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[45] guns. With the first appearance of dawn on April 28th, a flag of truce went down to the enemy, bearing a written offer of surrender under the terms previously offered on the 27th. In reply, the Harriet Lane and three other gunboats came opposite the forts, with white flags at the fore. In the forts, white flags were displayed from the yards of the flag-masts, while the Confederate flag floated at the mast-head. Negotiations were proceeding amicably on the Harriet Lane, when on the Mississippi—of late so rich in stately spectacles—appeared a portent as awful as it was mysterious, floating by to interrupt the proceedings on board.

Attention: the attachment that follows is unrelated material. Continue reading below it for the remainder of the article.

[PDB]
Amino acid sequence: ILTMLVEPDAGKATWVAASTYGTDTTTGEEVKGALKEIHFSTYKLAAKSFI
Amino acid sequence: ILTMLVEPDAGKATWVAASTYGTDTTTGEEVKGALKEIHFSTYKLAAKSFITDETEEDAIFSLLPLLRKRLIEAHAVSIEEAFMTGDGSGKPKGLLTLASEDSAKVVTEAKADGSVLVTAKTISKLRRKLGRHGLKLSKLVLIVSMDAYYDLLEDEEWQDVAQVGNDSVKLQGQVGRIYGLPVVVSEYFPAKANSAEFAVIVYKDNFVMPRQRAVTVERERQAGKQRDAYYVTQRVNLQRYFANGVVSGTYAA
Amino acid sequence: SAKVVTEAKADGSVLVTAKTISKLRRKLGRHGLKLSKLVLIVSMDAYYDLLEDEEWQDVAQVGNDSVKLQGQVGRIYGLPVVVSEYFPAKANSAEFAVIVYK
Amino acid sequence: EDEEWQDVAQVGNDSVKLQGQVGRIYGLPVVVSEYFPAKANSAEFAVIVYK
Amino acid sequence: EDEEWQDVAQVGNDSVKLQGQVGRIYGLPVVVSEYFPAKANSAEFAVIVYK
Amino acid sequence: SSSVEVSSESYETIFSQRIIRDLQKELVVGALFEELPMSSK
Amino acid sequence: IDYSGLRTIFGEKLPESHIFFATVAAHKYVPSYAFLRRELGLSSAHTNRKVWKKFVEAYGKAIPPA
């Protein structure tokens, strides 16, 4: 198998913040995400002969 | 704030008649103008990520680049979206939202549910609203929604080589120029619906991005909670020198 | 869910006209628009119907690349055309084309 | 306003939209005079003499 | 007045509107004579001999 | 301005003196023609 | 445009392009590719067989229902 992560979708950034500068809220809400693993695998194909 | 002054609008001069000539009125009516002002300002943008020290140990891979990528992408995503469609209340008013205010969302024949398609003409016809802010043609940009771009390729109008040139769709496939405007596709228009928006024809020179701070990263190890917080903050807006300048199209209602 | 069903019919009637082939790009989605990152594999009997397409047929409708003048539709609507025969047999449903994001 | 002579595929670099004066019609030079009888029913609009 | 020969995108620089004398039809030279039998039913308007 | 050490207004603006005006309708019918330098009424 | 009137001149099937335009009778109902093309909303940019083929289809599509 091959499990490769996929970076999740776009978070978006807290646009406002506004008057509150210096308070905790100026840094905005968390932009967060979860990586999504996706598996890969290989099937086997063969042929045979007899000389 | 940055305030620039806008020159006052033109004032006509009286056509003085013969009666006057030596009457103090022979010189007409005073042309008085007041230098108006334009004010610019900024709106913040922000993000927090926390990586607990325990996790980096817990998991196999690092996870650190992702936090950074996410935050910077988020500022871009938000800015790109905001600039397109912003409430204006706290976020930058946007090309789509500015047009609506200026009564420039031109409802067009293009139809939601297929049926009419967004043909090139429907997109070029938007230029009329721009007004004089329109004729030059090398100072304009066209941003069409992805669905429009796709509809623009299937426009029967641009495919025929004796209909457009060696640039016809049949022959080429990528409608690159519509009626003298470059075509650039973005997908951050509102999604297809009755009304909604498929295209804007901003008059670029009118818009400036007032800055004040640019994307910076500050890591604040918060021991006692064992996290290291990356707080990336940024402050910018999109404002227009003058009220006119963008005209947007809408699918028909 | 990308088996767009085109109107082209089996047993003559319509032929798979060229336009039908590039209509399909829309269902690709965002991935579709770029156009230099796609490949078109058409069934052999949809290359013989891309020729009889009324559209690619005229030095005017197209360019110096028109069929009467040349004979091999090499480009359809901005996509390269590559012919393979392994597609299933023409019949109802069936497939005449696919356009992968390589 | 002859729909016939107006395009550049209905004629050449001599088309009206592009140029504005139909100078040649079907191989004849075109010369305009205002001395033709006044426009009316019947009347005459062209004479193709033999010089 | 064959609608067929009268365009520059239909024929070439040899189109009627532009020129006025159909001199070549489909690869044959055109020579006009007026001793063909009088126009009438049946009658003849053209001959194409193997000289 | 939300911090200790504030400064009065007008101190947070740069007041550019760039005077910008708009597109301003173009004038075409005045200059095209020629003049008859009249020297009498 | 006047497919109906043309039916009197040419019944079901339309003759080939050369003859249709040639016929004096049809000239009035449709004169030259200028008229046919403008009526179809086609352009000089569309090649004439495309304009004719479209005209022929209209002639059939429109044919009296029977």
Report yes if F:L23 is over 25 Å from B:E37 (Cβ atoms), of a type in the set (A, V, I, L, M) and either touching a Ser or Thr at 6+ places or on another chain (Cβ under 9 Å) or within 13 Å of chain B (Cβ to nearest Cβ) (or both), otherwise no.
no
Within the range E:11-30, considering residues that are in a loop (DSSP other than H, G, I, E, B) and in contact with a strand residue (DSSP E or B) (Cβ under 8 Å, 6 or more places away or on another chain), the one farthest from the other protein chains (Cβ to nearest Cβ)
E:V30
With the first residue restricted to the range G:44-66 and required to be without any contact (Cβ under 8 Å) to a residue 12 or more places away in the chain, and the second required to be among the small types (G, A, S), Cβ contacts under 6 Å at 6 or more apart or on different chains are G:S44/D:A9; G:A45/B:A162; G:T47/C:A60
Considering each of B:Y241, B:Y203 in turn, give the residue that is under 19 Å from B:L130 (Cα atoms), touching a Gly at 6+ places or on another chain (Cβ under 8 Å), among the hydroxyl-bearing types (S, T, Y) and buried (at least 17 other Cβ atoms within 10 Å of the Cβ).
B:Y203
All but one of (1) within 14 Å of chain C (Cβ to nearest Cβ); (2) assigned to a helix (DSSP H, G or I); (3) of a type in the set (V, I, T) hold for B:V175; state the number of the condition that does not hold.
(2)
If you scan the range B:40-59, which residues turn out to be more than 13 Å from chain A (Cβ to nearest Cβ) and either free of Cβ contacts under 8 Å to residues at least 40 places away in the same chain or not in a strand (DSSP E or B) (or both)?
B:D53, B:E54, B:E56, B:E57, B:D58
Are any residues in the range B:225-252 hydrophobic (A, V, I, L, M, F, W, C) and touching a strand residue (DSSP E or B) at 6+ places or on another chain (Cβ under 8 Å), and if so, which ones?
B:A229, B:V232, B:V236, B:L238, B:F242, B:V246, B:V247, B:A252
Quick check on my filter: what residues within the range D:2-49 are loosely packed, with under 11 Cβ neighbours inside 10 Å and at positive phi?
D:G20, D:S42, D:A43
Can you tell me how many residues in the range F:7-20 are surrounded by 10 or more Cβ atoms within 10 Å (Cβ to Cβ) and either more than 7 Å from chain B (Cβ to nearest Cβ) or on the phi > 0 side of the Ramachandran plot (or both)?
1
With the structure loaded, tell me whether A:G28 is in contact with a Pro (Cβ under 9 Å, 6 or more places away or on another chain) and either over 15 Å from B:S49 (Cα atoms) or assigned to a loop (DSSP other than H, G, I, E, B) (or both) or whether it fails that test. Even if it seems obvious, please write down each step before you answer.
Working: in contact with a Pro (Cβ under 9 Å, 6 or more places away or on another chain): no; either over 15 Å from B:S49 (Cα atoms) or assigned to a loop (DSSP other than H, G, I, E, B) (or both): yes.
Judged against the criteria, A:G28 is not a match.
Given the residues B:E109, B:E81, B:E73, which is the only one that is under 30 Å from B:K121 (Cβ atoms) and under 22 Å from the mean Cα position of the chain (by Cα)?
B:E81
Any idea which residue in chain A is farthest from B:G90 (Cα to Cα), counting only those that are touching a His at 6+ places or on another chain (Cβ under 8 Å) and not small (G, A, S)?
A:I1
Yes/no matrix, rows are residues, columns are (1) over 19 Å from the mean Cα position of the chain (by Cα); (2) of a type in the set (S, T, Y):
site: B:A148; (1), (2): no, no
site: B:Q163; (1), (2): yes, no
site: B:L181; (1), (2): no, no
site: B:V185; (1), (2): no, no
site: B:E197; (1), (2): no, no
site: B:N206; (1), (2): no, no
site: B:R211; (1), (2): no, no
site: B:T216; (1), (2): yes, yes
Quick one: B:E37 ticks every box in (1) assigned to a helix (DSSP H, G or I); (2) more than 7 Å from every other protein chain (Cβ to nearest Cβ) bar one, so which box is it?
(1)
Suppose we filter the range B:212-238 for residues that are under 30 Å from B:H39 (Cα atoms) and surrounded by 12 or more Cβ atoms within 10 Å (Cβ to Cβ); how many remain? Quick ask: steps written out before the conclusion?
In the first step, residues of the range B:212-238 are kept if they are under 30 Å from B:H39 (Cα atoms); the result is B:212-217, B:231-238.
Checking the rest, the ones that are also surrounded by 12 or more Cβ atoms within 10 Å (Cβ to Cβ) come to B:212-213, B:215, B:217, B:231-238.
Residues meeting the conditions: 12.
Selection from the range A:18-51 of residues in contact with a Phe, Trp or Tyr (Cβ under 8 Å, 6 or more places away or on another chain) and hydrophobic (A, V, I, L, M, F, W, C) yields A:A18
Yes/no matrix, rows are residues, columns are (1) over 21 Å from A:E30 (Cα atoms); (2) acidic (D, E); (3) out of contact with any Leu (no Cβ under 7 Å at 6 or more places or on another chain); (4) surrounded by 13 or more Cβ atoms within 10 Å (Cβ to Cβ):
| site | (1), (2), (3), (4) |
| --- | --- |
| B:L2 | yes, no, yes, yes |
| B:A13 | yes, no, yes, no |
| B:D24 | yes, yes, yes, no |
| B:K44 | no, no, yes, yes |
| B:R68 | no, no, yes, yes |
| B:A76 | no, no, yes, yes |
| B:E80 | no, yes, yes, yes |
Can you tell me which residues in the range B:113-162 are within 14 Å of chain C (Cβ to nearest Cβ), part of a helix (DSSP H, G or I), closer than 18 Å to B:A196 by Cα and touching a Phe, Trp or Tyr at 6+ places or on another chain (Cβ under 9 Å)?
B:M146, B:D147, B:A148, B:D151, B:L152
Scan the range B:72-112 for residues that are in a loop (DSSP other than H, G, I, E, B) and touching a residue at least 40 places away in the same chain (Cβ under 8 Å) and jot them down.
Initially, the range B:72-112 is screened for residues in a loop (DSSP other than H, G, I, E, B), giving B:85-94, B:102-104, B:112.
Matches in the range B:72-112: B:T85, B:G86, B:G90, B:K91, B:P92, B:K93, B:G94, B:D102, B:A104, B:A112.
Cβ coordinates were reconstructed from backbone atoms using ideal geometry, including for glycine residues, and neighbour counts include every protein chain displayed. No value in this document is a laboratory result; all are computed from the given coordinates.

It was the Louisiana, once a powerful ironclad, but at this moment a helpless wreck, drifting and discharging her guns at random. Butler on April 29th said, apparently with a covert smile, that Farragut in the hurry and darkness had overlooked the Louisiana, at anchor under the walls of the fort. And now how worse than useless! The fleet, which she had been specially armed to resist and to terrify, was lying at victorious peace in the river in front of New Orleans. The mortar schooners which she might, if properly handled, have gripped hard and sunk with her powerful battery, were near the head of the Passes, warily watching her and the forts. Hopeless to save her from the superior power bearing down on her from every side, her officers set her on fire, and sent her, with all her guns protruding, down the river. Thus abandoned to her own terrible self, the luckless ironclad finally ended her career by blowing up—floating down in the presence of the guns and of the mortar fleet. The clumsy mortars, as she drifted past, struggled to escape the blazing wreck, even in its ruin a menace. In spite of the plans which had been wasted on the Louisiana, and the hopes in her which went up like a sacrifice in the smoke of her unaimed guns, she scattered, in her blowing up near Fort St. Philip, fragments everywhere within and around the fortifications.

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